Here is a short lesson in Irish history: one of the most hated figures in the country's often troubled past was the "gombeen man", a character forever associated with the 19th century Irish Famine in which a million people died and another million were forced to leave the country.
The gombeen was the money-grabbing middle-man who profited from the people's desperation for food by charging exorbitant rates for meagre but life-saving produce.
He was usually Irish but, in the popular imagination at least, he always worked for the British landlords who owned the country back then.
This is what the nationalist poet Joseph Campbell said of him:
"Behind a web of bottles, bales,
Tobacco, sugar, coffin nails
The gombeen like a spider sits,
Surfeited; and, for all his wits,
As meagre as the tally-board
On which his usuries are scored."
It was thought he had been thrown out of the country along with the British in 1921 but I've got news for you: the gombeen man is back, armed with a full panoply of weapons from the IMF and the EU. The tally-board this time will be drawn up in Washington, Brussels and Frankfurt.
If Ireland is forced to go to these international financial institutions for a life-saving bail-out, as now looks inevitable, the gombeen will be in Dublin taking an axe to those aspects of Irish life - education, health care, public services, law and order, low-taxes - that made the Republic one of the most attractive places in the world to live.
Call this, if you like, an embittered reaction from an Irish citizen, despondent at seeing the country's hard-won economic independence and prosperity surrendered for a few billion euros.
But enthusiasts for a single currency in the GCC area - the UAE of course is no longer among them - would do well to study the events unfolding in Dublin. Whatever happens with poor old Ireland, there are lessons to be learned about how, when and even why countries should enter a currency union.
Because it is the euro that has reduced Ireland to its current dire straits - the euro, and the gombeen men, Irish, American or European, who will now hammer in the coffin nails.
The Irish themselves must bear a lot of the blame. How could a poor, underpopulated, agriculture-based society on the extreme limits of Europe suddenly become home to a thriving property market rivalling London, New York and Paris? It should have made somebody sit up and think when apartments in Ballsbridge, Dublin, were changing hands for more than the equivalent in Manhattan or Mayfair.
The statistic that brought it home to me was this: in 2005, the part of the world that had the highest per capita ownership of private swimming pools was not Malibu, California, or Boca Raton, Florida, nor even Dubai, UAE, but County Donegal, Ireland.
These were not owned by farmers who suddenly decided they might have need of a refreshing dip after they finished cutting the hay, traditionally the principal economic activity in the beautiful but impoverished region.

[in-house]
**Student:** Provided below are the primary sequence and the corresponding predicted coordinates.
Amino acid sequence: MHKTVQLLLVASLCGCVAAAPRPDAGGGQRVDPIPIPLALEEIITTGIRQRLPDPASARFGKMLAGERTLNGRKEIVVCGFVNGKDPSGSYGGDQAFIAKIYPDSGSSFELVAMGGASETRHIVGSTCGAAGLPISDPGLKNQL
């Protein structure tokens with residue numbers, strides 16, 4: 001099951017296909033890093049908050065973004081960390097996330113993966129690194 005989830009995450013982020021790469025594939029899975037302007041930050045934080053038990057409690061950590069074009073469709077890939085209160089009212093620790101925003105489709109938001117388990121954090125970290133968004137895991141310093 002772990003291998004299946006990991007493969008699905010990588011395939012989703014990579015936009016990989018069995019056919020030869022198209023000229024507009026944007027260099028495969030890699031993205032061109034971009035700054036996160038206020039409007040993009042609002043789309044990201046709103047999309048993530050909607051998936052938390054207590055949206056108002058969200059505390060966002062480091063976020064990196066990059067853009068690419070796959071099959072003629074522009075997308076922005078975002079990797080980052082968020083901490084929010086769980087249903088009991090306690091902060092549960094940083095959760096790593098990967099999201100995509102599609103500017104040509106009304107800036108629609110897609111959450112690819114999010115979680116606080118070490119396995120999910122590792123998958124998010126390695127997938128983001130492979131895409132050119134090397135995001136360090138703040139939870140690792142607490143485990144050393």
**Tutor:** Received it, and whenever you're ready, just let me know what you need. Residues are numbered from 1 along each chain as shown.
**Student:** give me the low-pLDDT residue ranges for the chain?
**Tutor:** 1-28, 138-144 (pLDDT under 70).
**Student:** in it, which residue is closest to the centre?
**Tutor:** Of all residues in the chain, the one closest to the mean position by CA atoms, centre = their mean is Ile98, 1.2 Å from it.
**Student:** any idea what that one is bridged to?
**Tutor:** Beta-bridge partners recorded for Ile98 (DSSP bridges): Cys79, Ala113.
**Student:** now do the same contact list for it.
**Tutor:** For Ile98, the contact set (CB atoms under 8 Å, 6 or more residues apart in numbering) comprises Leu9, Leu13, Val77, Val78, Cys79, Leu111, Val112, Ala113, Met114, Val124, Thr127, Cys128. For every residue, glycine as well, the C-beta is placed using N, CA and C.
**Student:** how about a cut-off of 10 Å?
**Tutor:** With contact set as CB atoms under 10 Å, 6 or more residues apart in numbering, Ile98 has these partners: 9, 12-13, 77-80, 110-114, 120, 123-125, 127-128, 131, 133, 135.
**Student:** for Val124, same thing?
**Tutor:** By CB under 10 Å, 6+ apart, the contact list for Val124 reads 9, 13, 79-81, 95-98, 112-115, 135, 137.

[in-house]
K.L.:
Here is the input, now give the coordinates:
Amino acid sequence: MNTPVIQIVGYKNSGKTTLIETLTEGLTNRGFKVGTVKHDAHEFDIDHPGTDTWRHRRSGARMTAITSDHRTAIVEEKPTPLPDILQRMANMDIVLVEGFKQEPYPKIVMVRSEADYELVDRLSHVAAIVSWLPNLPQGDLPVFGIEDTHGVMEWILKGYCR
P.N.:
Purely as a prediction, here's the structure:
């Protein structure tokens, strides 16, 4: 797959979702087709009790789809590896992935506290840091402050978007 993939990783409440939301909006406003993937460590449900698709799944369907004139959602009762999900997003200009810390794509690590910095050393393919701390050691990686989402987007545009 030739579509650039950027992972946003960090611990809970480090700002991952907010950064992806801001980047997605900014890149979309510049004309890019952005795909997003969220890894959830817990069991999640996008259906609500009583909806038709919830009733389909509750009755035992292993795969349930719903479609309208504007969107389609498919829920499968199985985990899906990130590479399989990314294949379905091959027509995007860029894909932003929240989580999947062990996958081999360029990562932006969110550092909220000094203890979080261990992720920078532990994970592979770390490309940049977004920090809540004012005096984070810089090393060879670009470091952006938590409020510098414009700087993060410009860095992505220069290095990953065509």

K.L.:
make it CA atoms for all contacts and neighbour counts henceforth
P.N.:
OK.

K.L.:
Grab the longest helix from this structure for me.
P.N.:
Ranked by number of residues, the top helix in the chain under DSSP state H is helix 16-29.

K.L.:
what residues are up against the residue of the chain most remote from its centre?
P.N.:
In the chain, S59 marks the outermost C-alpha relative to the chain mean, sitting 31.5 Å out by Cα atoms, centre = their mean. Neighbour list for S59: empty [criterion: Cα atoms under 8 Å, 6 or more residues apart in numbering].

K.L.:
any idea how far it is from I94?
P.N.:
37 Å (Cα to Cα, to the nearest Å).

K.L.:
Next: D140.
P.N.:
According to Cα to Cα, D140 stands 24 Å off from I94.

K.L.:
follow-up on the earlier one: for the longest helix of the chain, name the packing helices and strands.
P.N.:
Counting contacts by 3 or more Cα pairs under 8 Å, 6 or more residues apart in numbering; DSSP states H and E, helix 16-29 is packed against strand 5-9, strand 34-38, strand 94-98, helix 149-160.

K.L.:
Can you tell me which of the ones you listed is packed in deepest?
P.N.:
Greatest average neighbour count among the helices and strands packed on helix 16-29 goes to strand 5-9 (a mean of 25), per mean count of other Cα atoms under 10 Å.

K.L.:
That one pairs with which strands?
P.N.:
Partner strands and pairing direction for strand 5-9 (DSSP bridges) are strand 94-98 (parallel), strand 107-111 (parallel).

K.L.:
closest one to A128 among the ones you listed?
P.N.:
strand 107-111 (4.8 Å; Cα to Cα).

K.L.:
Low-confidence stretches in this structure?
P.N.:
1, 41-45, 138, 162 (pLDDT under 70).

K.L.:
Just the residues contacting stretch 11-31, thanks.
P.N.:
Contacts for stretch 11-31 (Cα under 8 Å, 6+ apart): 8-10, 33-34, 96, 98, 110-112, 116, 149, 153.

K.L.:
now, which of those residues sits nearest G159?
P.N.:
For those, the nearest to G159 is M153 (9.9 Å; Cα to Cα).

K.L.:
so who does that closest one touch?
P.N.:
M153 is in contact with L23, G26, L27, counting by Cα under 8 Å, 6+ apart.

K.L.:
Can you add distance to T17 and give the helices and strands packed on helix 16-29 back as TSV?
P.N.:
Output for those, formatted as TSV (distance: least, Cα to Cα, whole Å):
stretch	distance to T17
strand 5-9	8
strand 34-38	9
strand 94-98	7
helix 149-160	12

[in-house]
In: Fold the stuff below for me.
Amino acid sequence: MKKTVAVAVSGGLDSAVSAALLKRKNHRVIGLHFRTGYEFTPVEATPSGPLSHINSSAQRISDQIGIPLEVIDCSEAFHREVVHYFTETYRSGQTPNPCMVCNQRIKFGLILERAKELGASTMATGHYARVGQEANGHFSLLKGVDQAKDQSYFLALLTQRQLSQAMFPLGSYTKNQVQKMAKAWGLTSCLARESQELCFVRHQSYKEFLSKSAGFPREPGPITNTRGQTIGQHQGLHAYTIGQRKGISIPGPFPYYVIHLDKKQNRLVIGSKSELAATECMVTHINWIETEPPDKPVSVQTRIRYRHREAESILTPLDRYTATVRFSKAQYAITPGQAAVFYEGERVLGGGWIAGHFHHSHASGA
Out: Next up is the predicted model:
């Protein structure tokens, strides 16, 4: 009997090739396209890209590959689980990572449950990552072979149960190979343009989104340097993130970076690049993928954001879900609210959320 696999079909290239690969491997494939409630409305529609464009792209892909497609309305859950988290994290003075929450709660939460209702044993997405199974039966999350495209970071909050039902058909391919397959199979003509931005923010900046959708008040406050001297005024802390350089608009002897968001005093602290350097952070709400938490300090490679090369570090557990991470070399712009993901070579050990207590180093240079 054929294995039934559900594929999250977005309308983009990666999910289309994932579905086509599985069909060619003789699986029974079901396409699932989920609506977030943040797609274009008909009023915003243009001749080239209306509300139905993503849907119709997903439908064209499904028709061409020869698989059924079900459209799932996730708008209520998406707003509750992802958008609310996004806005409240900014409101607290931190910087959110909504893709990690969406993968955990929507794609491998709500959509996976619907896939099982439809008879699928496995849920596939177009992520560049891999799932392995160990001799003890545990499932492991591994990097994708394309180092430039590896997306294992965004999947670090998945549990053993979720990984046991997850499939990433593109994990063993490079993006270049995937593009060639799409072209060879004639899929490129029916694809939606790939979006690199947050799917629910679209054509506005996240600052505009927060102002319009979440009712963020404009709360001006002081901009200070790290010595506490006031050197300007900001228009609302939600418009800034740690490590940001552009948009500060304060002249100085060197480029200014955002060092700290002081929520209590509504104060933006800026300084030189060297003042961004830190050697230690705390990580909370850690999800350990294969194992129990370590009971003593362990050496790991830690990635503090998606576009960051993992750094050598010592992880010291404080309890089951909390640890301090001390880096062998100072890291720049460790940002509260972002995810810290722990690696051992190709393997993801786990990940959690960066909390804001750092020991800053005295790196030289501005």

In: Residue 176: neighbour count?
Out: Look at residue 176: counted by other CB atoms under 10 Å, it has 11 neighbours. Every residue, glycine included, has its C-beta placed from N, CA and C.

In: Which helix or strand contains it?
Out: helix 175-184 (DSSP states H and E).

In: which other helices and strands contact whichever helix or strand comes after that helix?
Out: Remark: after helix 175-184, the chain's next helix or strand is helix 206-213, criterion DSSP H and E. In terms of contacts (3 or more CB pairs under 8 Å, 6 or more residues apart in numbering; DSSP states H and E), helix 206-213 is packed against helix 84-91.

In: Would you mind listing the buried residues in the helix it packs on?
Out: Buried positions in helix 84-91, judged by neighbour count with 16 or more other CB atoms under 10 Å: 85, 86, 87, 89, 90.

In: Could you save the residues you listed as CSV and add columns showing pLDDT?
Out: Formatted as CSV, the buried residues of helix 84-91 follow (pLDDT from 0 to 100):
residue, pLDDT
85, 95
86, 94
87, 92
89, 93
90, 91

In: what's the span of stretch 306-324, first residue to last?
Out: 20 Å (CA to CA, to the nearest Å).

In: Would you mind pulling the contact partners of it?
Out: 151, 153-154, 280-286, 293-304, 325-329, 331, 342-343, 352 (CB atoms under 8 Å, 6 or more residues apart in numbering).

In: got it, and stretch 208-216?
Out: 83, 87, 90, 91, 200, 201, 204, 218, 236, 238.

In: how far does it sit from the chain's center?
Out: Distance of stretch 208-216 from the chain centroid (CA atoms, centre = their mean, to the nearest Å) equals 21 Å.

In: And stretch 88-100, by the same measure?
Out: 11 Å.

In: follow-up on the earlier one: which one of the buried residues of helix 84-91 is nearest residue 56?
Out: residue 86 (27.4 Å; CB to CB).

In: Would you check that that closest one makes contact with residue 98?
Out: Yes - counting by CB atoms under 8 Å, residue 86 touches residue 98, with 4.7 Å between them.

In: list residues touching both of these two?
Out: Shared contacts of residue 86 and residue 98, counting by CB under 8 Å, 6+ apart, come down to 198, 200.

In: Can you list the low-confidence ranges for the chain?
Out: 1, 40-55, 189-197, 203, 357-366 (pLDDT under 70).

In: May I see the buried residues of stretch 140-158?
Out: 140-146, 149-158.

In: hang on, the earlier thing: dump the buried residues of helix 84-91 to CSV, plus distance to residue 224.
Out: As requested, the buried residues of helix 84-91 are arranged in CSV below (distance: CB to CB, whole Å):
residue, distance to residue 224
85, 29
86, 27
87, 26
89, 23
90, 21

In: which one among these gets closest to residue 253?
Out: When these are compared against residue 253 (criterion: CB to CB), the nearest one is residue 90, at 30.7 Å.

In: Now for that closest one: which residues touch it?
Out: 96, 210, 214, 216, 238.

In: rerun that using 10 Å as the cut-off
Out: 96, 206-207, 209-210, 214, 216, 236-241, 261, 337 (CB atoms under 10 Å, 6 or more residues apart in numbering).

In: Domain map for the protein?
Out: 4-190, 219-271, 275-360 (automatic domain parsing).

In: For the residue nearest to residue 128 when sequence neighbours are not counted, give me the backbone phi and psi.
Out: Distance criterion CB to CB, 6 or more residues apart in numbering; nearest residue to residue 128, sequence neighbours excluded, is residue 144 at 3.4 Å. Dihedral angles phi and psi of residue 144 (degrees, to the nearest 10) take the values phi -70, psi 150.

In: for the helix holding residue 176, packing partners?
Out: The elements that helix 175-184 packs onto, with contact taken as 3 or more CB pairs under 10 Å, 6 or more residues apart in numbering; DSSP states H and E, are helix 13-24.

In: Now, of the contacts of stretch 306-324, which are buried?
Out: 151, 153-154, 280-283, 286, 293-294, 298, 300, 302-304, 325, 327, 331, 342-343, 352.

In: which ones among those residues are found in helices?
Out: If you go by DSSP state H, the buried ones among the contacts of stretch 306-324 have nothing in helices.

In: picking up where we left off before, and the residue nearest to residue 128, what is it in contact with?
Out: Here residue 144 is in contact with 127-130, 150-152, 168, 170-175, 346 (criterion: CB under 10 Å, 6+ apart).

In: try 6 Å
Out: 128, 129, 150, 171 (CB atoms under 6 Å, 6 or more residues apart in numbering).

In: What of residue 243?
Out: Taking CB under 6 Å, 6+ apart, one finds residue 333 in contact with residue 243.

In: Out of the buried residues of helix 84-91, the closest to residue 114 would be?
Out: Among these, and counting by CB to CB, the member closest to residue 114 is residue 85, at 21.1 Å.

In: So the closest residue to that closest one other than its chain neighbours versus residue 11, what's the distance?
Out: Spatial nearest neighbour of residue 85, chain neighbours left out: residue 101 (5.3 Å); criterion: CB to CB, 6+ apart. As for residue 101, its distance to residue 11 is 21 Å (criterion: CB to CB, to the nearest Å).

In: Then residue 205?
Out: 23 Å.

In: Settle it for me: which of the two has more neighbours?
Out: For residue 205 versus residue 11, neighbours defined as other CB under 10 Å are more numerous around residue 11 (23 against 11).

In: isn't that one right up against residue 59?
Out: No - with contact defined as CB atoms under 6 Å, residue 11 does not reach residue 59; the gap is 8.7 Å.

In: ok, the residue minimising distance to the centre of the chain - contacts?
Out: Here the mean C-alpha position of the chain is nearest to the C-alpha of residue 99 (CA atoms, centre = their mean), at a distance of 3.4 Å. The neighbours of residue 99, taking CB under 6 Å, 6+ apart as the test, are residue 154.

They were owned by investment bankers, stockbrokers and property investors from the great megalopolis of Dublin who, having made their millions there, wanted to get back to their Irish roots in the rural homelands. A swimming pool was just part of the package, even if totally inappropriate for the climate of north-west Ireland.
So indigenous greed was part of it; the gombeen man was usually Irish. But it was the euro and Ireland's enthusiastic membership of the EU that created the conditions for greed to grow.
Ireland had stoked its own property boom by a combination of generous tax incentives for businesses and entrepreneurs, especially the "creatives", which sucked in investment in the 1990s. The launch of the euro in Ireland in 2002, replacing the Irish pound, or punt, and the low interest rate regime Germany insisted on, really set the Irish property market alight.
Freed up from foreign exchange constraints and seeking the highest return, euros flooded into Ireland to inflate the property market. By the time the Irish realised what was happening, at the very beginning of the financial crisis, it was already too late.
Without the power to adjust interest rates or introduce currency controls, they were helpless to prevent the collapse. The one big, radical measure they took - when the government guaranteed all bank deposits - has exploded in their faces now that all Irish banks are more or less toxic institutions.
The fate of other small economies on the periphery of Europe, such as Greece and Portugal, simply reinforces the message: a one-for-all currency regime in a region with more than 300 million people all at different stages of economic development is simply not practical. The architects of the euro zone were peddling a fantasy when they suggested it was a desirable arrangement.
The Greek, Irish and (looming) Portuguese crises might prove to be the coffin-nail for the euro zone but somehow I doubt it. The gombeen men of the EU and IMF have got their power web in place and I doubt they'll want to relax their grip now.